Editors note: On the one-year anniversary of George Floyd’s murder by Minneapolis police, renowned civil rights attorney and Floyd family lawyer Ben Crump examines the history and the legacy of that horrific day in a guest column for Deadline.
Today, on the one-year anniversary of George Floyd’s horrific death, it’s worth remembering that from the moment Black people set foot on American soil, we had a price tag attached to our backs. Black lives had value only as the property of their owners, as a source of labor, and as a means to produce more for the future by bearing children. Black life had no intrinsic value. Our worth came only from our work, as we spent the whole of our lives in fields, doing back-breaking and inhumane labor, finding solace only in praising The Lord with our brothers and sisters.
Emancipation liberated us from the confines of literal slavery, but it failed to provide Black lives the true worth endowed by our maker. The evidence of this failure is all around us. It is no longer a hushed secret that Black people are wantonly gunned down by law enforcement on a seemingly daily basis. There are more hashtags than most can count as the list of Black lives struck down at the hands of police officers continues to grow, even after the global outrage that was provoked by the death of George Floyd, which we solemnly recognize one year later, today.
The Black Lives Matter movement is premised on the simple declaration that Black lives, like all lives, matter, but too often Black life is treated as disposable and those who extinguish it face limited or no consequences. How do we correct that? Changing hearts and minds is a lengthy, stubborn and often fruitless process. But the American justice system offers a remedy — civil justice, which attaches an actual monetary value for lost life. Of course, no amount of money can replace the loss of a human being, but civil justice can have the effect of making it financially prohibitive for organizations to continue to kill our Black brothers and sisters. I wish that public outrage alone would change the toxic police culture that gave rise to an officer kneeling on a Black man’s neck for over nine minutes, slowly choking the life out of him while three other officers assisted. It won’t. But having to pay a family millions of dollars just might.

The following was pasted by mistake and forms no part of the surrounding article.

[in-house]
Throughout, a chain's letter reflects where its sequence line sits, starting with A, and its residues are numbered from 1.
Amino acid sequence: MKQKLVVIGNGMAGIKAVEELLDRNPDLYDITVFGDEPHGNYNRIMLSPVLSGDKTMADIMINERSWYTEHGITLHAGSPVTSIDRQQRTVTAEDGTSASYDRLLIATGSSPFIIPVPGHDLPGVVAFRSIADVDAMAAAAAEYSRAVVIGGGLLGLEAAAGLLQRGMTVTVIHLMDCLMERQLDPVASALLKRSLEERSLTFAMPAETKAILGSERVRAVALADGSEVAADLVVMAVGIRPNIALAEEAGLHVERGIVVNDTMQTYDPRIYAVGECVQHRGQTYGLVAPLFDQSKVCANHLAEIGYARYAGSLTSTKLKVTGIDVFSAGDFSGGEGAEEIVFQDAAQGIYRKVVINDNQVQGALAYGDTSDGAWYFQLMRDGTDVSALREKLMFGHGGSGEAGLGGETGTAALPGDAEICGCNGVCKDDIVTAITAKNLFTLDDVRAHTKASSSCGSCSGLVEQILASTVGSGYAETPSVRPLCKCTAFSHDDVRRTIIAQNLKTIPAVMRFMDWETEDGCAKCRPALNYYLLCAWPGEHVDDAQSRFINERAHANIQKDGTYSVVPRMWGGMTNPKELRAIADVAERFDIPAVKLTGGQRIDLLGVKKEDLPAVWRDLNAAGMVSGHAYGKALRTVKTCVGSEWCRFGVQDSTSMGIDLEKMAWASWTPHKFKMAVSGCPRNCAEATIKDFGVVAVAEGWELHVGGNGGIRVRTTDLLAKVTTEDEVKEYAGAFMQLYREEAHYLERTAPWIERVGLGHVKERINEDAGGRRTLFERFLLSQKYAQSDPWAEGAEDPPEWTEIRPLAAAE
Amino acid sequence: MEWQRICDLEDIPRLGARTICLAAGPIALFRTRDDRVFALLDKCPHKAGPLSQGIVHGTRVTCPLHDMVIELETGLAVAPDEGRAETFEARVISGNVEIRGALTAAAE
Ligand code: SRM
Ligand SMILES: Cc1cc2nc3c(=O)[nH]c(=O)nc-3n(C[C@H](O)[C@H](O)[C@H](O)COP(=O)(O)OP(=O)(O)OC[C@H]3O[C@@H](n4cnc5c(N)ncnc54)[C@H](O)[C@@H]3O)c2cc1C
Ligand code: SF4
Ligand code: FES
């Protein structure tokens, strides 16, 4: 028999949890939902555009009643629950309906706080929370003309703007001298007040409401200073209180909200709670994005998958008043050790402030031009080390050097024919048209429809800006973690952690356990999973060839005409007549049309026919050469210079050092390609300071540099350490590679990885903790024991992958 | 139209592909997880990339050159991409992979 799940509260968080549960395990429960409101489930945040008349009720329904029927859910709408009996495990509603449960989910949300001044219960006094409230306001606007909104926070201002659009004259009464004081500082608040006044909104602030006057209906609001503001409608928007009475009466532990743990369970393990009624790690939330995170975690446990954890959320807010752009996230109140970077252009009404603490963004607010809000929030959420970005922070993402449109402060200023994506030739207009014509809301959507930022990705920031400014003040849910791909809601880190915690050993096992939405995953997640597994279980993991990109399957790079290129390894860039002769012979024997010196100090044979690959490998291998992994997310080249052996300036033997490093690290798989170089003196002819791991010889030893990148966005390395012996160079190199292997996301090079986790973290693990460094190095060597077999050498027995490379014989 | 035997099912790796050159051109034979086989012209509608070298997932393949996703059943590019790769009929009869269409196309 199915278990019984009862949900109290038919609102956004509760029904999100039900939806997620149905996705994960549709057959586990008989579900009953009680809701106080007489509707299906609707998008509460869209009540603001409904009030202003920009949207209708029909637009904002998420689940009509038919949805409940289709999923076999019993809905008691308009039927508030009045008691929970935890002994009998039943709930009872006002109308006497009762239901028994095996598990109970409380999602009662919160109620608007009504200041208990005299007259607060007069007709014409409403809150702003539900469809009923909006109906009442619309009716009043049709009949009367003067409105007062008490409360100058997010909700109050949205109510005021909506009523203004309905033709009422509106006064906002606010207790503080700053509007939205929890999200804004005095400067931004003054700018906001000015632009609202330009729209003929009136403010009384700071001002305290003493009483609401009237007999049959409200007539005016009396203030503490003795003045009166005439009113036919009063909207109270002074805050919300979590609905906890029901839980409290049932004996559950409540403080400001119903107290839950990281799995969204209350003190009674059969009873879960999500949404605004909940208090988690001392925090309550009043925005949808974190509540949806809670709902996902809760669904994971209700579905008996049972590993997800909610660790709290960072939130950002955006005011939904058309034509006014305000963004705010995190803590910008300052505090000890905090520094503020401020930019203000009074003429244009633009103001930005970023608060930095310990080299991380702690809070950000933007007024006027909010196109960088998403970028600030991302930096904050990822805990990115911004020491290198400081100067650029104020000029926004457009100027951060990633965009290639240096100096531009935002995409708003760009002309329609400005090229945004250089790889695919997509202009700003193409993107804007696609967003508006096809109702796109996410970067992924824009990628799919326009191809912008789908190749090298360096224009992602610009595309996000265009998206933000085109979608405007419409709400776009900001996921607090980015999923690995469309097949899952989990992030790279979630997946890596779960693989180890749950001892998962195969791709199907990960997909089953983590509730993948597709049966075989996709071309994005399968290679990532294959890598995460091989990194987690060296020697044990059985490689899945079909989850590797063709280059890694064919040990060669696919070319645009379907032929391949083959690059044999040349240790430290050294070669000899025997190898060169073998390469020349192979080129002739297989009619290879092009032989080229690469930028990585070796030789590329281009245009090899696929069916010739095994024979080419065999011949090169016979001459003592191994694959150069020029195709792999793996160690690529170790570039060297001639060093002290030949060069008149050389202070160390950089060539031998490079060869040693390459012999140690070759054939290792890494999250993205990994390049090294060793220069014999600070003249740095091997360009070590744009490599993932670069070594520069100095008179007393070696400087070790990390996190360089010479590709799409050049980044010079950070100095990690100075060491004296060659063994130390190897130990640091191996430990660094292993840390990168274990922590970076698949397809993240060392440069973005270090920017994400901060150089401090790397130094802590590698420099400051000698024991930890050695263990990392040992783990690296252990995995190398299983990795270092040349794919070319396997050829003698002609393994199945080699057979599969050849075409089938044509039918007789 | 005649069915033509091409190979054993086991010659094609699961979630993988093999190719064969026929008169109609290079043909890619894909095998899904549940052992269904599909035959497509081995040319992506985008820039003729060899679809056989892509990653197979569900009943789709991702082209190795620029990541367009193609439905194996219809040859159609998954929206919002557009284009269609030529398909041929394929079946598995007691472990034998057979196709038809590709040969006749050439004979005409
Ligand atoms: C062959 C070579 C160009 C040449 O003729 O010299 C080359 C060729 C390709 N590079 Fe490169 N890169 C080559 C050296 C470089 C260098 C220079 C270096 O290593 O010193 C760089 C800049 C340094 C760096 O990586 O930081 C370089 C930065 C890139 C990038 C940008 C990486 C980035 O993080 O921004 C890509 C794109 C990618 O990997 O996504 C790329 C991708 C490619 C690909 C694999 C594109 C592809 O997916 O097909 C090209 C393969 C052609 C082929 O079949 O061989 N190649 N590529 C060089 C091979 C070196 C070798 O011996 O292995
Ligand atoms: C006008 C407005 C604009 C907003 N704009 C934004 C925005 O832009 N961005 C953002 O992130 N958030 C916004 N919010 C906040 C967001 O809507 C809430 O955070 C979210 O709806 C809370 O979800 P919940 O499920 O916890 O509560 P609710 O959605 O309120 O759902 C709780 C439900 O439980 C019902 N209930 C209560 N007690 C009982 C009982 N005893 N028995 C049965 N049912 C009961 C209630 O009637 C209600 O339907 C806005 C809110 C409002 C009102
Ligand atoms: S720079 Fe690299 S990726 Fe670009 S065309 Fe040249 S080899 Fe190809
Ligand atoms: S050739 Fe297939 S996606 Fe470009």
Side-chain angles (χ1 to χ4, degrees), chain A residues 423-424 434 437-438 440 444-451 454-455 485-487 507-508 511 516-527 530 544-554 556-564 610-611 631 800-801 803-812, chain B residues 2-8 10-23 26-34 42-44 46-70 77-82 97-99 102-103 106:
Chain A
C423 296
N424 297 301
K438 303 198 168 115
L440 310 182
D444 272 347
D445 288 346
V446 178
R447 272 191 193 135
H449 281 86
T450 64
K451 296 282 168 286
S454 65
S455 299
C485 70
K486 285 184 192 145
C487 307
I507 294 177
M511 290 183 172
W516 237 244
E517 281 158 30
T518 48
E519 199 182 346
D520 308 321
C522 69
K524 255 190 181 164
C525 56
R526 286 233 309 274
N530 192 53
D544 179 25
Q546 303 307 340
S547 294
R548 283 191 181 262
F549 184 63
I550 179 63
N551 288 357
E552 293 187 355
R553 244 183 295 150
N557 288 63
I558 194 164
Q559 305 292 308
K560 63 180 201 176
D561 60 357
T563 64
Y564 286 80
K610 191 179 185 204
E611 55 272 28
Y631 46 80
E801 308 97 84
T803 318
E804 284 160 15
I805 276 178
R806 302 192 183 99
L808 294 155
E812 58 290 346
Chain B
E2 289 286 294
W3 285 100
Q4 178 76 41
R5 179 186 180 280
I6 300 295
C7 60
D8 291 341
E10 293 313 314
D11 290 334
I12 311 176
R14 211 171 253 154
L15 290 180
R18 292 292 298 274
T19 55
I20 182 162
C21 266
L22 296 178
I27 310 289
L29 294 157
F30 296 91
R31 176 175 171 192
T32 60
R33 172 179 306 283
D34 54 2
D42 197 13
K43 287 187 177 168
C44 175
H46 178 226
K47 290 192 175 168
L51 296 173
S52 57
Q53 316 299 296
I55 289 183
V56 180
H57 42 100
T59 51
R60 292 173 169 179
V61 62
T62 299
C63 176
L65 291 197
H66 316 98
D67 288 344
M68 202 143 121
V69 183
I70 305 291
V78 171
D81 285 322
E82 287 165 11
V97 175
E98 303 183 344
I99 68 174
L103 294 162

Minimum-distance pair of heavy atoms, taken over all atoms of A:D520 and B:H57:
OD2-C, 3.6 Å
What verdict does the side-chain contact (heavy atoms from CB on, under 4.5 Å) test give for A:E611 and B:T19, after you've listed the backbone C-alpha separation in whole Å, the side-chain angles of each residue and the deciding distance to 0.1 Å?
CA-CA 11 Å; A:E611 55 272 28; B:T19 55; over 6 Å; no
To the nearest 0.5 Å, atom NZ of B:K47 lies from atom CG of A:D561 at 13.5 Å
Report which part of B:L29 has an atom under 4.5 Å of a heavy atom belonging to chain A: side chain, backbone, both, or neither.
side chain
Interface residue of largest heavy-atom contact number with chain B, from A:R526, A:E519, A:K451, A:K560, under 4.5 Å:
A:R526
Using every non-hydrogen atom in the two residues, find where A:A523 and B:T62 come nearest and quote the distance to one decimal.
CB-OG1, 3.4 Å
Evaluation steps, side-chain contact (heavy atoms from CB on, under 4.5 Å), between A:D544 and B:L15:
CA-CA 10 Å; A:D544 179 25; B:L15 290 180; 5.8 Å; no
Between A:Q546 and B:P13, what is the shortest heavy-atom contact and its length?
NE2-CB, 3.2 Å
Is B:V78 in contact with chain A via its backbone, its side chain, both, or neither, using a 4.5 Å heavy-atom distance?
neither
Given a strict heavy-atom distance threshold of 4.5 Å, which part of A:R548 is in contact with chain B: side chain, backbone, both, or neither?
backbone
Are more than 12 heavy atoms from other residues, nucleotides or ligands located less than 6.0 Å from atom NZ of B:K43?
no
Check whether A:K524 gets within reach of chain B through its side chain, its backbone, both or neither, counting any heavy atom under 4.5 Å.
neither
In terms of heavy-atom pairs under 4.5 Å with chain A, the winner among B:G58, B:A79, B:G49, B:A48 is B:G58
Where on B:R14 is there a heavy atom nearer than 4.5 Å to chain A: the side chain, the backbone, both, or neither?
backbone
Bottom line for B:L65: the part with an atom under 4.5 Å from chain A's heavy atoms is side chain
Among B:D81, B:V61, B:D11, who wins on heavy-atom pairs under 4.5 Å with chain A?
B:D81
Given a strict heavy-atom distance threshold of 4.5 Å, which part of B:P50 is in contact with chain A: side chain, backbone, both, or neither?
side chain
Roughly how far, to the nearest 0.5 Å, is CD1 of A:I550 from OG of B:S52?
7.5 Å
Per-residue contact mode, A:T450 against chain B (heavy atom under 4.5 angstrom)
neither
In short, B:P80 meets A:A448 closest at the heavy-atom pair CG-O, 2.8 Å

I have done everything in my power to raise the value of Black life everywhere I go in America. The $27 million settlement paid by the City of Minneapolis in George Floyd’s death was the highest pre-trial settlement in the death of a Black man at the hands of a white law enforcement officer in American history. The $12 million settlement paid by the City of Louisville to the family of Breonna Taylor was the largest settlement for the death of a Black woman at the hands of the police in American history. Most recently, the City of Columbus settled with the family of Andre Hill for $10 million, which is the largest settlement ever to be paid by that city.
These cases assert that Black lives do, in fact, matter. They do have value. And they can’t be taken without great consequence. Multimillion-dollar civil settlements have the potential to overcome entrenched and powerful police unions, government apathy, and political opposition to drive lasting and long-overdue police reforms. When a law enforcement officer kills a Black person without justification in 2021, rest assured it will not be swept under a rug. The police culture that enabled that killing will be exposed to a national spotlight and come under microscopic scrutiny, exposing the flaws in its training, policies and protocols.
This path to justice and reform extends beyond law enforcement to any organization that systematically undervalues Black life, whether a government like Flint that poisoned its people with lead-laced water to save money, or a company like Gopher Resource that knowingly exposed its workers, their families, and the largely Black residents living around its plant to toxic conditions. These organizations may be looking for ways to cut costs or raise profits, but the avenging sword of civil justice renders it a poor financial proposition to undervalue Black lives. I hope that every large settlement my co-counsel and I reach serves as a stark warning that Black lives are worth more than those who would harm them can afford.
The threat of civil justice, coupled with the glare of the media spotlight and mass public awareness of injustice, may be the most potent tool we have to effect change and to finally, appropriately value Black life.
Researchers have documented that people of color, especially poor people of color, are less likely to pursue recourse in the civil justice system because of their experiences with injustice in the criminal justice system. But the threat of civil justice, coupled with the glare of the media spotlight and mass public awareness of injustice, may be the most potent tool we have to effect change and to finally, appropriately value Black life.
Today, President Biden will meet with members of the Floyd family — a meeting that we hope will propel forward the push for meaningful legislation in George Floyd’s name to transform policing in America and protect Black lives as other citizens are protected. Black lives do matter. Every one of them is priceless. It’s time for police and our justice system to treat them that way.